In southern Montana and Wyoming, whitebark pine health improves as the climate becomes drier (Fig. 7). In the Gallatin National Forest and Yellowstone and Grand Teton national parks, an average of 7% of the whitebark pines are dead and 5% of the live trees are infected with rust (Kendall et al. 1996a,b). The highest infection rates (up to 44%) are found in the Teton Range, where conditions are moister than in neighboring areas to the north. Whitebark pine is reported to be functionally extinct on the Mallard Larkins Pioneer area in the Idaho Panhandle National Forest (Zack 1995). Rust infection rates in the Sawtooth National Recreation Area in central Idaho are generally light, but low elevations may harbor some heavily infected sites (Smith 1995).

Fig. 7. A healthy whitebark pine in Yellowstone National Park, Wyoming.
Courtesy D. Reinhart, USGS

There is less information about the status of whitebark pine west of Idaho. As a rule, blister rust is present and whitebark pine infection levels and mortality are high in the Cascade and Coast ranges. For a time, the dry conditions in the Sierra Nevada were believed to protect most white pine stands there, but in 1976 and 1983, unusually favorable weather produced heavy waves of rust infection in California white pines (Kinloch and Dulitz 1990). Although sugar pine has been the most affected and studied of these, rust is also present at low levels in some whitebark pine stands. In Kings Canyon and Sequoia national parks, fewer than 1% of the whitebark pine sampled in 1995 was infected with rust (Duriscoe 1995).


In Washington state, northern Idaho, northwest Montana, and southern Alberta and British Columbia, 40%-100% of the whitebark pine is dead in most stands, and 50%-100% of the live trees are infected with rust (Fig. 1) and have lost most of their capacity to produce cones (Kendall and Arno 1990; Kendall 1994a,b; Kendall 1995). Mortality and rust infection levels decline in the drier areas to the south.


Future Trends


Successional replacement due to fire exclusion is a major cause of whitebark pine decline (Keane et al. 1994). Whitebark pine cannot maintain its functional role in mountain ecosystems unless areas suitable for its regeneration are available across the landscape. Modern fires are restricted in whitebark pine habitats because they normally burn only at the height of very active fire seasons and, under those conditions, managers choose to suppress new fires (Arno 1995). Options for providing sites for whitebark pine regeneration include allowing wildfires to burn near historical levels, having more management-ignited burns with slash cut to help carry the fire in moderate fire weather, and selectively removing whitebark pine's competitors.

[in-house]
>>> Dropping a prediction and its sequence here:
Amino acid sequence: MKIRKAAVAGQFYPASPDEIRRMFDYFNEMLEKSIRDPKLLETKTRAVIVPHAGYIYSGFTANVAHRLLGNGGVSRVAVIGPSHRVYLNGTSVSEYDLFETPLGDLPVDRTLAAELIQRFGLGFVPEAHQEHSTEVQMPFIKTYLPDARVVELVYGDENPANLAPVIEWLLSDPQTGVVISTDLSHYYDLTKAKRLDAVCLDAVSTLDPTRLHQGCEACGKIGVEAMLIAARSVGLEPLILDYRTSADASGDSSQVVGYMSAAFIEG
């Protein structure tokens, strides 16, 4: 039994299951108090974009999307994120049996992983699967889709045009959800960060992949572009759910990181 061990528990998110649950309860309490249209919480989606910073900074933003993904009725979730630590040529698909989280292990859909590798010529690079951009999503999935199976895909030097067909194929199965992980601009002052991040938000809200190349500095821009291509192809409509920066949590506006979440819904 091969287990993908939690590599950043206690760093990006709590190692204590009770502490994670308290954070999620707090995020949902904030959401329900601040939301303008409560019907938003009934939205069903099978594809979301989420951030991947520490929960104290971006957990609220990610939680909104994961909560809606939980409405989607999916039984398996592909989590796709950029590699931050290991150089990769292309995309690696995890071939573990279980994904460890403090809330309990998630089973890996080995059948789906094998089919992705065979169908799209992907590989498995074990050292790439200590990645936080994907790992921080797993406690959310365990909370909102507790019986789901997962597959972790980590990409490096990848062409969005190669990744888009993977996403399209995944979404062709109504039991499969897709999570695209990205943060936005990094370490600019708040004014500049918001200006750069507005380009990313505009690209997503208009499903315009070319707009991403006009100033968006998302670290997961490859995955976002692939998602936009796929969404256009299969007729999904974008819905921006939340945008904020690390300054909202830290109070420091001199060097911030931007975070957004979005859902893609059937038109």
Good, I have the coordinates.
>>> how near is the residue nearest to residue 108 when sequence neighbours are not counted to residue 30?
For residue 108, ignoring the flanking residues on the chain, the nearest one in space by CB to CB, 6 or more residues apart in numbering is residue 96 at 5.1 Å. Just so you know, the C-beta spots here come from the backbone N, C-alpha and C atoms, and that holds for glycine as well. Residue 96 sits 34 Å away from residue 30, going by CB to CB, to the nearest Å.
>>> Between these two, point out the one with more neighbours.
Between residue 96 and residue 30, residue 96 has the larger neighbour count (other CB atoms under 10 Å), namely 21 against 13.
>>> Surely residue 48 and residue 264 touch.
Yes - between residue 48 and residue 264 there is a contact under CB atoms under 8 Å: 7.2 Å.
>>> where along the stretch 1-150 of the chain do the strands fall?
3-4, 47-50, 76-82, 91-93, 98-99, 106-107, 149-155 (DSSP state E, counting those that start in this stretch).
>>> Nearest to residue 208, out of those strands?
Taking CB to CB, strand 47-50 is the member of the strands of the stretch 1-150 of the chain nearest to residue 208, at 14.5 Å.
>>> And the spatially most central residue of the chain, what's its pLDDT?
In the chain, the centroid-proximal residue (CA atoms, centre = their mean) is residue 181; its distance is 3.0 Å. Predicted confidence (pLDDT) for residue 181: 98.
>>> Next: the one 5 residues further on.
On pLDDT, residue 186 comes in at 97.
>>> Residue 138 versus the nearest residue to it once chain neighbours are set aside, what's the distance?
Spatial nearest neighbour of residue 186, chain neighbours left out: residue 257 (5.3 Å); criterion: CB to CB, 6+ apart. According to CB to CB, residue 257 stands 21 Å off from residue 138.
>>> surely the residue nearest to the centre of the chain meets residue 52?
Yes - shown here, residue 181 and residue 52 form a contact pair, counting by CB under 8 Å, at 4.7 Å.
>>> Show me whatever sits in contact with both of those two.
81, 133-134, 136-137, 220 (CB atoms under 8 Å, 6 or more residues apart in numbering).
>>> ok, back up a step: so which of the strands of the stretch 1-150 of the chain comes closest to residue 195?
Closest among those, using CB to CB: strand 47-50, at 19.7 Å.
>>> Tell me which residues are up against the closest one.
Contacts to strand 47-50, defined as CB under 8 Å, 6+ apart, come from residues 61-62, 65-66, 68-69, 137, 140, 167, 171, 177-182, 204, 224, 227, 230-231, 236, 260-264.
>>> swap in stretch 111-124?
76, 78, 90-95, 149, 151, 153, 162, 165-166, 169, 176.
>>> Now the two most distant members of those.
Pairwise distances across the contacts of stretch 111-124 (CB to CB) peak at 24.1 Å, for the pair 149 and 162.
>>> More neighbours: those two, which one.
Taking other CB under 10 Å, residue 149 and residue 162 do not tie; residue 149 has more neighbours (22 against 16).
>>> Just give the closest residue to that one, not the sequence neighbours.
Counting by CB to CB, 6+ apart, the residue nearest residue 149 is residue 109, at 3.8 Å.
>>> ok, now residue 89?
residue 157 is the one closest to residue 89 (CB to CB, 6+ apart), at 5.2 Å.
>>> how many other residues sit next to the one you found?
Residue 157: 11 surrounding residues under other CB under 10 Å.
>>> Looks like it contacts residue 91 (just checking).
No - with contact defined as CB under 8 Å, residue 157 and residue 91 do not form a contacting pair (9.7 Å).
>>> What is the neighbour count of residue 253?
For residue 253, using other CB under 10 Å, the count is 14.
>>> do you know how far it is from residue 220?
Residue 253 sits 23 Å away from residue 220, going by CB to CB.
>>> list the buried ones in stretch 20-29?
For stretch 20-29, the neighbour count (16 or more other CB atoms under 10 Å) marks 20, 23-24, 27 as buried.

It is clear that the blister rust epidemic in whitebark pine has not yet stabilized, even in regions with the longest history and highest infection levels of rust. The most likely prognosis for whitebark pine in sites already heavily infected with rust is that they will continue to die until most trees are gone. In the southern Rockies and Sierra Nevada where there is currently little or no infection of whitebark pine, waves of infection are expected to occur within a few decades (Kinloch and Dulitz 1990; Kendall et al. 1996a). Eventually, whitebark pine in these areas is likely to suffer heavy losses.


Whitebark pine possesses some ability to defend itself from white pine blister rust (Arno and Hoff 1989), and there is evidence that natural selection has already started to enhance that ability. Forty percent more seedlings from stands with high blister rust mortality survived artificial inoculation with rust than seedlings from low mortality stands (Hoff 1994). In the future, whitebark pine trees will be all but absent in most areas, and small, isolated populations will be lost until rust-resistant types evolve. Without intervention, this is expected to require hundreds--if not thousands--of years, because whitebark pine matures slowly and most of the population soon will be lost (Fig. 8). Management strategies such as breeding whitebark pine for rust resistance and establishing natural selection stands will speed this evolution (Hoff et al. 1994).

Fig. 8. Winter comes to a whitebark pine stand in Yellowstone National Park, Wyoming. Courtesy K. Kendall, USGS
Katherine C. Kendall
U.S. Geological Survey
Biological Resources Division
Glacier Field Station Science Center
West Glacier, Montana 59936-0128